• Ribozyme switches marked the beginning of Synthetic Biology. They were designed with their functionality based on ligand binding and structure on RNA framework, for use as gene-regulatory systems. Such switches possess very desirable properties like target specificity, inducible regulation, better cleavage kinetics and design modularity. Their functionality has been demonstrated has been demonstrated in bacteria, yeast and mammalian systems.
  • Designing new genetic circuits in bacteria and eukaryotes is the major area of Synthetic Biology that has witnessed remarkable developments. Another such major area is protein design which had provided us with a lot of insights on protein folding, stability and function.
  • Partial redesigning of the T7 bacteriophage with the hypothesis that overlapping regions are non-essential is a notable example of a larger system that has been redesigned. Such experiments help in contributing to gain fundamental insights into biological processes such as gene transcription and translation, cell communication, the role and sources of biological noise and the existence of biological modules.
  • A recent development in this direction has been made by Toda et al (2018). In nature, Notch receptors present on cell membranes have the ability to sense Delta proteins which are present on the surface of neighbouring cells. Notch receptors have intracellular ligand binding domains called as effectors which help in mediating gene expression and subsequently signalling. This common signalling pathway, called as Delta-Notch, has inspired Toda et al. to design a cell communication system called synNotch3. In synNotch, the natural core of the Notch protein is used while the ligand that is sensed and the effector domain that responds are customizable. Using this principle, it is possible to create multiple ligand and effector pairs resulting in modifiable cell–cell communication. Cadherin proteins mediate cell–cell adhesion, and so are essential for spatial organization of tissues. Toda et al., used synNotch sensors and genes encoding cadherin proteins tagged with fluorescent proteins and successfully demonstrated formation of shapes upon mixing of different cell types. This is a major feet towards development of shapes using developmental programs.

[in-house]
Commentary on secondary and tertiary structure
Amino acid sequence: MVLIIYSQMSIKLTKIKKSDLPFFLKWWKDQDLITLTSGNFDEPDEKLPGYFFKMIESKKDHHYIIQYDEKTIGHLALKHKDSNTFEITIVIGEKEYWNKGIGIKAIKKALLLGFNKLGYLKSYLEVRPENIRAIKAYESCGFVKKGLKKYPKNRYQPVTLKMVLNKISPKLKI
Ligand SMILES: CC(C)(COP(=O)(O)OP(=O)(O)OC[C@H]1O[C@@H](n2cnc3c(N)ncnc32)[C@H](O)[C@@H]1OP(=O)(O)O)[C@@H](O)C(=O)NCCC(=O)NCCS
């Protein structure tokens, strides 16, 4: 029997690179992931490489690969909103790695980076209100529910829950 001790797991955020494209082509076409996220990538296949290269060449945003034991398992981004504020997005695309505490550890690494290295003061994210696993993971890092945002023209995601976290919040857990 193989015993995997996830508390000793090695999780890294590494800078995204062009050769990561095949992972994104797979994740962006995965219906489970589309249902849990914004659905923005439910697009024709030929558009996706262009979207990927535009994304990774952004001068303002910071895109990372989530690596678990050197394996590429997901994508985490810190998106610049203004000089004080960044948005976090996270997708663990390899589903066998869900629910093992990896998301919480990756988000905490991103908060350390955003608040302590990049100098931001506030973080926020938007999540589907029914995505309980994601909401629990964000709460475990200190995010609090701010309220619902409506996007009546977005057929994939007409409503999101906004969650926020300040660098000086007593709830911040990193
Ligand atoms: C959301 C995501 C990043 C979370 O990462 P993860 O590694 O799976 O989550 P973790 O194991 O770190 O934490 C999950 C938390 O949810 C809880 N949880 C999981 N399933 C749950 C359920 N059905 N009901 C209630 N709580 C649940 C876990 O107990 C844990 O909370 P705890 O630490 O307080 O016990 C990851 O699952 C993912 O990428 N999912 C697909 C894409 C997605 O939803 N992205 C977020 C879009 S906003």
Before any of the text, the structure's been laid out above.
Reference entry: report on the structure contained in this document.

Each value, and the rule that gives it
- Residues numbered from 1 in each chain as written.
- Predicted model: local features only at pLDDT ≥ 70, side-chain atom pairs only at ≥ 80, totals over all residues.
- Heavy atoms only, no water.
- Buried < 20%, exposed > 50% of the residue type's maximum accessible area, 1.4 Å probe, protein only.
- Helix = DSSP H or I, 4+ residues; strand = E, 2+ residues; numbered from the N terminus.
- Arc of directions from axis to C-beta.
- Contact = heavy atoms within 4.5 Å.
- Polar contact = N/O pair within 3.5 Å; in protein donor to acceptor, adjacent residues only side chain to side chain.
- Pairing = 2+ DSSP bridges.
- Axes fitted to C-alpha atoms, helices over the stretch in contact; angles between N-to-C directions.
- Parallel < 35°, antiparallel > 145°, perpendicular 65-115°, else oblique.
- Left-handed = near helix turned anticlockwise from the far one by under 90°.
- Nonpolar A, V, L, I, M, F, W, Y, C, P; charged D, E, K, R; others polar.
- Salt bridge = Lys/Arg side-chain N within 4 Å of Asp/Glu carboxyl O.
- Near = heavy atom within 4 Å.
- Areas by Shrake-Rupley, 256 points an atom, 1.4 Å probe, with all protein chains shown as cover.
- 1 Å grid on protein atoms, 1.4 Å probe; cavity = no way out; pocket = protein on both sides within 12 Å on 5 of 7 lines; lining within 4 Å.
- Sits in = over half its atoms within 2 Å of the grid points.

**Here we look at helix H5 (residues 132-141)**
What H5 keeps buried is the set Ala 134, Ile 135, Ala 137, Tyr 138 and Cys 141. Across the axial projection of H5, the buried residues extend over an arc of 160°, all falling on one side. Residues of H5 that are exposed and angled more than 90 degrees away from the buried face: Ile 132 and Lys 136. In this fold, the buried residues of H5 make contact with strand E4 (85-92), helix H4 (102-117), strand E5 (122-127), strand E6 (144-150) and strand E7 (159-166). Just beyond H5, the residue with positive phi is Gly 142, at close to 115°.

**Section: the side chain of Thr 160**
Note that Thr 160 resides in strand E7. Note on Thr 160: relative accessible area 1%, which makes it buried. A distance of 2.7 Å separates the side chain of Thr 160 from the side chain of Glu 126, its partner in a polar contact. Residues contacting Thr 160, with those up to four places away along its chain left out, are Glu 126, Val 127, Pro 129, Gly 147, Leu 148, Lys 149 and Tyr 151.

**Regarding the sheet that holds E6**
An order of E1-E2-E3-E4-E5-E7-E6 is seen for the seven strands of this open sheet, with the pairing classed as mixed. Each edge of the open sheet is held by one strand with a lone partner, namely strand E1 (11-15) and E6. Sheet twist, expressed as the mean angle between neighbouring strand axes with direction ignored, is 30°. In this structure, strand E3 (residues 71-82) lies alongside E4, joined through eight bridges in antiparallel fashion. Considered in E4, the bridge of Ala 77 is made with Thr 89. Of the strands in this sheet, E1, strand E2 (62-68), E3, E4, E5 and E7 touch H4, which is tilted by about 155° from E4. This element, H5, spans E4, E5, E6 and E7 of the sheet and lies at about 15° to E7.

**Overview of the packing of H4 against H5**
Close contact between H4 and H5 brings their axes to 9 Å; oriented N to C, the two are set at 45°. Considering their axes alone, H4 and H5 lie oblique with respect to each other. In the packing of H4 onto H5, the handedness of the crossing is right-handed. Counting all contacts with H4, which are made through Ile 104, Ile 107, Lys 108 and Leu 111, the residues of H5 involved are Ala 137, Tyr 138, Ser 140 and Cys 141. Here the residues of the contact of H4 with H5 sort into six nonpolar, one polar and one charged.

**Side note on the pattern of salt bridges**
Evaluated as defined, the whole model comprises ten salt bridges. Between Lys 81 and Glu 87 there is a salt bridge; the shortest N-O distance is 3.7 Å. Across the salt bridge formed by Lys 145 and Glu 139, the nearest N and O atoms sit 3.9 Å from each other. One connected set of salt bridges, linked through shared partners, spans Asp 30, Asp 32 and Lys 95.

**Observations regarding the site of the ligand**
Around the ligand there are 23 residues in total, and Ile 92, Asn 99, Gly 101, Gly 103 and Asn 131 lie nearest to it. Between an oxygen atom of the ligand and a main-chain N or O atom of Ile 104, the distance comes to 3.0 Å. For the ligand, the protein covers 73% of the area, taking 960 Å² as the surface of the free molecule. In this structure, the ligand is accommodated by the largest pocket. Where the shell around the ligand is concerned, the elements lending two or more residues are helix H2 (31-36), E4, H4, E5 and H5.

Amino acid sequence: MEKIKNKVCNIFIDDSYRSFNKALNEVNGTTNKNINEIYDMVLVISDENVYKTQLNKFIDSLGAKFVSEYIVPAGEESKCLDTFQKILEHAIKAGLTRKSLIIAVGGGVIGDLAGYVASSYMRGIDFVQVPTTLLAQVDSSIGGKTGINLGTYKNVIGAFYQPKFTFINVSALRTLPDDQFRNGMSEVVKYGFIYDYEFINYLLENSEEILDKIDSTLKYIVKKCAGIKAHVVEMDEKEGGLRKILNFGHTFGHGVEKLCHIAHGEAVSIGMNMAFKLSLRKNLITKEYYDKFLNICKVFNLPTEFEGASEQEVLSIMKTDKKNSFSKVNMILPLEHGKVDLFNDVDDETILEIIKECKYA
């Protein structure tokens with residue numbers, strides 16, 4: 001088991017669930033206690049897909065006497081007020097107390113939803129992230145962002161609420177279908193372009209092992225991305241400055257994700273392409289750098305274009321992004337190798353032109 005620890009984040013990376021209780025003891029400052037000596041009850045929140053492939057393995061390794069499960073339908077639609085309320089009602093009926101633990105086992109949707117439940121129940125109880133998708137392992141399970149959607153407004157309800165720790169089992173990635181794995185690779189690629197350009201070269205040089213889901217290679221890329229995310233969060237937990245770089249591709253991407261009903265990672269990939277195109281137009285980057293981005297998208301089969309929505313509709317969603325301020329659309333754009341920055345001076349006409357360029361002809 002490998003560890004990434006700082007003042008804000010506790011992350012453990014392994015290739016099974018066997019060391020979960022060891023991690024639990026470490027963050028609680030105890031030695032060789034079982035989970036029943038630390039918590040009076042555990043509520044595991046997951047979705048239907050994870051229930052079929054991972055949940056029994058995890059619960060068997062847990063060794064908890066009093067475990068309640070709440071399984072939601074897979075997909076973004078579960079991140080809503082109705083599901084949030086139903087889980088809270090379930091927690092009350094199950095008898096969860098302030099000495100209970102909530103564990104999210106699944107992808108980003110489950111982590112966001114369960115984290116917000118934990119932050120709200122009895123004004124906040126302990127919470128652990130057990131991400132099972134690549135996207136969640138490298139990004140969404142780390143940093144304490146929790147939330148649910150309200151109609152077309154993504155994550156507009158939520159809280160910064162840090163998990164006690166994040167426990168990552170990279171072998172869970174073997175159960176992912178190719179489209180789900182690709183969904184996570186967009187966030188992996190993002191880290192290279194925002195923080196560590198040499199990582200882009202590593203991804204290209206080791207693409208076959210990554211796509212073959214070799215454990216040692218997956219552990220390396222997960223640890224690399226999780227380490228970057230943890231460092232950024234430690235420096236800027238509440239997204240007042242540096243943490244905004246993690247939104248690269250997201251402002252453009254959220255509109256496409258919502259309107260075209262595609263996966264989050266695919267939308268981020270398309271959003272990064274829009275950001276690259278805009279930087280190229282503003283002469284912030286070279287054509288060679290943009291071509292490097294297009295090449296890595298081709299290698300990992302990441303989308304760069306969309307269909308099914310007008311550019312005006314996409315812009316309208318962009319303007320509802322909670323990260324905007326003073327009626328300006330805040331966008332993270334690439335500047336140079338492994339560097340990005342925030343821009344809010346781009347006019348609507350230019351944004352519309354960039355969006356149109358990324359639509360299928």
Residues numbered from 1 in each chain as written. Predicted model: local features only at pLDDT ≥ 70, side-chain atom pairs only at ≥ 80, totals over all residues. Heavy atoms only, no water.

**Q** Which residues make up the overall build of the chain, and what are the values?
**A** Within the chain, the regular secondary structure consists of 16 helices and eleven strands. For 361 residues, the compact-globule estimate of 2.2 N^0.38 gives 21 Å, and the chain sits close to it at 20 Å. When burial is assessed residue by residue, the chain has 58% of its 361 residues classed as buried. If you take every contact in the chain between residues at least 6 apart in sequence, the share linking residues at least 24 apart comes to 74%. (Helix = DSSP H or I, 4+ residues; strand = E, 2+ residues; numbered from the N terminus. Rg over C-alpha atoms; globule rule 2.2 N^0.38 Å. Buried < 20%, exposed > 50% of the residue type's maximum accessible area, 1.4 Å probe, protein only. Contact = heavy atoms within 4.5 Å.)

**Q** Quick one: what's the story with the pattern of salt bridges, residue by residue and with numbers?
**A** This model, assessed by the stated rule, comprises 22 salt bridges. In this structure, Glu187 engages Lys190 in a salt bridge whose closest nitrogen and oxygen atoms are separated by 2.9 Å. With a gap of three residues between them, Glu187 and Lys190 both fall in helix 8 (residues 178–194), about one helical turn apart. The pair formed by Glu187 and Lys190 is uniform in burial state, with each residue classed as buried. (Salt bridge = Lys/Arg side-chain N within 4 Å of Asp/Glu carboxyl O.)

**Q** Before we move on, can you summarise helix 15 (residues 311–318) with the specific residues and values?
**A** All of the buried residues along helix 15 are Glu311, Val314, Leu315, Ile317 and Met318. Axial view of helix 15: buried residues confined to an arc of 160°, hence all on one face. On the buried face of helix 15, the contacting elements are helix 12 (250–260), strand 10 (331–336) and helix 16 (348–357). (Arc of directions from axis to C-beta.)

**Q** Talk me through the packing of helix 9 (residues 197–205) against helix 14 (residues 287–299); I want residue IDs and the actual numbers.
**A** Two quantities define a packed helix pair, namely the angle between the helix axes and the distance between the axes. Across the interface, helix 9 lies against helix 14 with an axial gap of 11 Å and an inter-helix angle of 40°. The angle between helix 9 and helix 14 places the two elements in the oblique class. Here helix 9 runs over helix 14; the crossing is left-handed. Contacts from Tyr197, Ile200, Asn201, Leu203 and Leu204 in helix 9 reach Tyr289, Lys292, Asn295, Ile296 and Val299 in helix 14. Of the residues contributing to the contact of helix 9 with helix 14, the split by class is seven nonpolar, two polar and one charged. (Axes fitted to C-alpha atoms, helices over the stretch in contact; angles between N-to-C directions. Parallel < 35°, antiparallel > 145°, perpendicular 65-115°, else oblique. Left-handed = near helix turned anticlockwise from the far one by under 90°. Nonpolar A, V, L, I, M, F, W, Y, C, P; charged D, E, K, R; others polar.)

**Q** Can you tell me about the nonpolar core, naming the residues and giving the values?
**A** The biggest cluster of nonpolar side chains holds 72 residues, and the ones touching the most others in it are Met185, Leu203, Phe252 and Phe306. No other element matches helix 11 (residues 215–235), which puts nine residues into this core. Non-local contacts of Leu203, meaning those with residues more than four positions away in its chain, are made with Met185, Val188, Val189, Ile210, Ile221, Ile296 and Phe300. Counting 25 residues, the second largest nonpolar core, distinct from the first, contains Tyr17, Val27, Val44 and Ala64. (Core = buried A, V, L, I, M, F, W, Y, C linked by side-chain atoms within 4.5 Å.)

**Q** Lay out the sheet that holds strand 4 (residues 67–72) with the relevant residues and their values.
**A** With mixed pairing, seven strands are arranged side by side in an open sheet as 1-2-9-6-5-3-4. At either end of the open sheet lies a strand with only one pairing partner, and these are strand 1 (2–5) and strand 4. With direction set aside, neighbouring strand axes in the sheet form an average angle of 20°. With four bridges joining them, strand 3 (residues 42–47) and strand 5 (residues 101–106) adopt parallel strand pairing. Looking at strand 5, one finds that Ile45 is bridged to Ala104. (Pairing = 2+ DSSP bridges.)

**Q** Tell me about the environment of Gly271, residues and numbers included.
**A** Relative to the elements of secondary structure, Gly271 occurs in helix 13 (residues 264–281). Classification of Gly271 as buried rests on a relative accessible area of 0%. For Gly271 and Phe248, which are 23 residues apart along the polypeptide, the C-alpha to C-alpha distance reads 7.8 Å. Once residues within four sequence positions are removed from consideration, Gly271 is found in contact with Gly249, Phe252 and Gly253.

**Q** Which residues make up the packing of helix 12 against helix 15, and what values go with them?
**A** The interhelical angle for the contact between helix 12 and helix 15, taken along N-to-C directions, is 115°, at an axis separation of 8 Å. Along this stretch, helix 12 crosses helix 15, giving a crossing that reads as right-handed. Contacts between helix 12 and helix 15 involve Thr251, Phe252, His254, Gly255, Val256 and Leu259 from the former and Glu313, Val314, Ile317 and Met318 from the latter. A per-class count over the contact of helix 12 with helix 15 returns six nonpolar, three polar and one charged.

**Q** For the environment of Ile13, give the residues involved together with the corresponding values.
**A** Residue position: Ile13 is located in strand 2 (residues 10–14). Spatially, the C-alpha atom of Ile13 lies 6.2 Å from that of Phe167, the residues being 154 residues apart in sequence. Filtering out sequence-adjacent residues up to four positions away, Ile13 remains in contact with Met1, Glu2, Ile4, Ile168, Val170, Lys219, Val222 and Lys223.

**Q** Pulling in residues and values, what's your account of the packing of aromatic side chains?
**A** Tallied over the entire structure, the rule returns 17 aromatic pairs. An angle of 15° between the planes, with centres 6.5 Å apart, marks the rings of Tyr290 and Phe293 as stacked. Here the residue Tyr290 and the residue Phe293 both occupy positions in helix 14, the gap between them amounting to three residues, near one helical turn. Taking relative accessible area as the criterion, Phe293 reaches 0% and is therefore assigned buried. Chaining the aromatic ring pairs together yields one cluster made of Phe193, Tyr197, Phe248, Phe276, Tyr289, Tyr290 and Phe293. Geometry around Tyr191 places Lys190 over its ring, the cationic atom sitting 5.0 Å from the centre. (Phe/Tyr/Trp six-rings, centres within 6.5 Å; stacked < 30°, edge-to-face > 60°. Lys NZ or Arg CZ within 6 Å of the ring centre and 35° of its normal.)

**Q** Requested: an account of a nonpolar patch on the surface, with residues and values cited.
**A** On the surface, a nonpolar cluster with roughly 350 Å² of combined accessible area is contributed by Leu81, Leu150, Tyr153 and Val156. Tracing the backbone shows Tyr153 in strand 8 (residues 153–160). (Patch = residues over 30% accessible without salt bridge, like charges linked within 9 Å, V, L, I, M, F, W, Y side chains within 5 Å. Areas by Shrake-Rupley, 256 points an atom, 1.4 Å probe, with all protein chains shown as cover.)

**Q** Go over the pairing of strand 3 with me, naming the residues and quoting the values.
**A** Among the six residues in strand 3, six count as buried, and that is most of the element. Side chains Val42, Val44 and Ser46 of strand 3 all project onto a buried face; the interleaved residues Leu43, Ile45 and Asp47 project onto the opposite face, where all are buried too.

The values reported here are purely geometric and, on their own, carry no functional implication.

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3. Kennedy AB, Vowles JV, d'Espaux L, Smolke CD (2014) Protein-responsive ribozyme switches in eukaryotic cells. Nucleic Acids Res. 42(19): 12306-12321.
4. Kodumal SJ, Patel KG, Reid R, Menzella HG, Welch M and Santi DV (2004) Total synthesis of long DNA sequences: Synthesis of a contiguous 32-kb polyketide synthase gene cluster. Proc. Nat. Academy Sci., USA, 101 (44): 15573-15578.
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6. Toda S, Blauch LR, Tang SKY, Morsut L and Lim WA (2018) Programming self-organizing multicellular structures with synthetic cell-cell signalling. Science Vol. 361, Issue 6398, pp. 156-162